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Cosmic Rays Reveal A Mysterious Galactic Neighbour? November 19, 2008

Posted by Sarah in science.
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The Earth’s atmosphere is continuously pelted by highly energetic cosmic rays from an unknown source local to the Solar system, scientists from Louisiana Stat University announced yesterday. Using a NASA-funded balloon-borne insrument called the Advanced Thin Ionization Calorimeter, or ATIC, the team found an excess of cosmic radiation at very high energies that can only have originated within the Galaxy, in the relative vicinity of our Sun.

I’m a bit confused, cosmic rays aren’t my thing, but I’ll try to make sense of it anyway as it sounds pretty exciting….

Produced in a wide variety of astrophysical processes both inside and beyond our Galaxy, cosmic rays, a collective term for protons, alpha particles, electrons and other charged particles, are ubiquitous in the Universe.  Their energies range from around one billiion electron volts (1 GeV) to a staggering 10^21 electron volts (10^12 GeV) – that’s 10 million times more energetic than can be produced in the largest particle accelerators on Eearth. The vast majority of them are blocked by the Earth’s atmosphere, so they do us no harm here on Earth; they are however a real threat to the health of astronauts. They’ve also intriguingly been suggested to play a role in global warming – this is an ongoing hot potato (or here).

Cosmic rays produced inside our Galaxy tend to have low enough energies to be transported along the local magnetic fields of the Sun, Earth and of the Galaxy itself. This scrambles their direction making it impossible to trace back where they originated. But using the ATIC instrument, which takes its measurements from a balloon high in the Earth’s atmosphere, scientists have identified an excess of particles at the high-energy end of the galactic cosmic ray energy spectrum, around 300-800 GeV, that defy current models of cosmic ray origins within our Galaxy.

The ATIC team, led by John Wefel of Louisiana State University, have therefore suggested in their paper, published in tomorrow’s edition of Nature, that these particles originated at a mysterious and highly energetic source inside our own Galaxy, at a maximum distance of 3000 light years from the Sun – just a fraction of the size of the Milky Way Galaxy. Huh, that’s pretty close to us. Possible sources may be an intermediate mass black hole, a pulsar, a “mini-quasar” or a supernova remnant.  What’s a mini-quasar?! An intermediate mass black hole with an accretion disk? Remember also, intermediate black holes have never been detected.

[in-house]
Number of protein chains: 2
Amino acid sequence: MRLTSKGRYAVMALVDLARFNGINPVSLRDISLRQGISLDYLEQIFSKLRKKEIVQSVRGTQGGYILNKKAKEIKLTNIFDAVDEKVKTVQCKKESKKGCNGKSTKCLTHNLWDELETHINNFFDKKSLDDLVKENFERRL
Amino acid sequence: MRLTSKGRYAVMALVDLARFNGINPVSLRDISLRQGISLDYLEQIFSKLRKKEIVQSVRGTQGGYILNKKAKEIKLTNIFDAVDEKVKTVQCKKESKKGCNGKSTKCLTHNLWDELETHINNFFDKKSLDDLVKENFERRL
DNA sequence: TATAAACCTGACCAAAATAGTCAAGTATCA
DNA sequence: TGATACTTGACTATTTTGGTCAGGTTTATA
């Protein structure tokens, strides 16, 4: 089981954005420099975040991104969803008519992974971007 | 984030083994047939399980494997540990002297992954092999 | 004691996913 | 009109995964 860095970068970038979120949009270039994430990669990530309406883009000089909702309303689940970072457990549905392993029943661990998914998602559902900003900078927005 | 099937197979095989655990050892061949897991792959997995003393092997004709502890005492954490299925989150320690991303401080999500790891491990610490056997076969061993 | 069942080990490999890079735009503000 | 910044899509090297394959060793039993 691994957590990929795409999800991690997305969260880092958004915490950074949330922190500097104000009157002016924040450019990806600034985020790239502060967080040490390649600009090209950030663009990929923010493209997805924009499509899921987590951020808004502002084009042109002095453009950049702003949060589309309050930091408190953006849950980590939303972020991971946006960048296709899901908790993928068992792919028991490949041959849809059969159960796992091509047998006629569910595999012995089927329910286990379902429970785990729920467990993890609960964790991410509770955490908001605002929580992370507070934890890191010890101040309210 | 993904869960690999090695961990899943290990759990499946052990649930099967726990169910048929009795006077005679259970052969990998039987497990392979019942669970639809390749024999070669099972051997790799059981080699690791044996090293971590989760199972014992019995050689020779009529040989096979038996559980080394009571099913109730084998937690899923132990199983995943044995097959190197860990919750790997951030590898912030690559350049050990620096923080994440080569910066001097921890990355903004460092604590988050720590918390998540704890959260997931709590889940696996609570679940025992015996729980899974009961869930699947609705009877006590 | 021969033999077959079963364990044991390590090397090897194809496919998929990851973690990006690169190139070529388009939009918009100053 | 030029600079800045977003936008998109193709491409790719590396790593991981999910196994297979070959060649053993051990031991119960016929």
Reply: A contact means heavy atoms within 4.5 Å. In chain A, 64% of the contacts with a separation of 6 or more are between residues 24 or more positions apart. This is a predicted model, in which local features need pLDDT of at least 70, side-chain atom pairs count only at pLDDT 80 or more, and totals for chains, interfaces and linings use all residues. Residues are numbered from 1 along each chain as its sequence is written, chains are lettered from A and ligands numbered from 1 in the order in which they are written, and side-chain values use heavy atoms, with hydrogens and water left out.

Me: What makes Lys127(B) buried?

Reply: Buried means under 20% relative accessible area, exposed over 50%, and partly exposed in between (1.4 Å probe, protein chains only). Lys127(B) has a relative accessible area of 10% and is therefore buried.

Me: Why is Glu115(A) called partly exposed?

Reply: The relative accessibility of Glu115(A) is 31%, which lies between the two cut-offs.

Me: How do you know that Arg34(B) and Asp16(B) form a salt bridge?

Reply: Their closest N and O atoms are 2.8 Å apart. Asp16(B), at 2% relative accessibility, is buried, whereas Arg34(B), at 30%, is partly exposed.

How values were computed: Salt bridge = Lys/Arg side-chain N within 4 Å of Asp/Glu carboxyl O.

Alternatively, they suggest the particles may be the result of the annihilation of some exotic type of particles suggested for an explanation of dark matter. Dark matter has of course never been detected either and is one of modern astronomy’s Holy Grails.

This sounds like a very interesting result. I’m going to dig up the paper in Nature tomorrow and give an update…. If anyone would like to pitch in please leave me a comment.

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Comments»

1. andyxl - November 20, 2008

Sarah – as often with astro press releases, its kinda hard to tell what they have really done until we see the real paper. Is this just an excess in the CR N(E) ? Excess compared to what ? Hasn’t N(E) been well measured for years ? And are there really no candidates within 3kpc ?? The Crab is about 6kpc, so maybe not. Oh well, guess we’d better read the paper !

2. Sarah - November 22, 2008

Hi Andy – you’re right, the press release was actually pretty unhelpful. realised after I’d written all this that I should just wait for the paper but thought I’d throw it out there anyway. I just read the paper and will add a little update. It’s not my field though – Kaluza-Klein particles….?… my head hurts….

3. Sarah - November 22, 2008

And for a study into into possible astrophysical sources of the electron excess the paper refers to Kobayashi et al, ApJ 601, 340-351 (2004). More useful plots in the supplementary information online at Nature. They looked at the Vela SNR, Geminga neutron star, the Monogem SNR and Loop 1.

4. SarahAskew » The cosmic ray signature of dark matter? - October 14, 2010

[…] interesting paper was published in last week’s issue of Nature – I blogged about it before after reading the NASA press release. It’s wasn’t all that helpful without reading the […]


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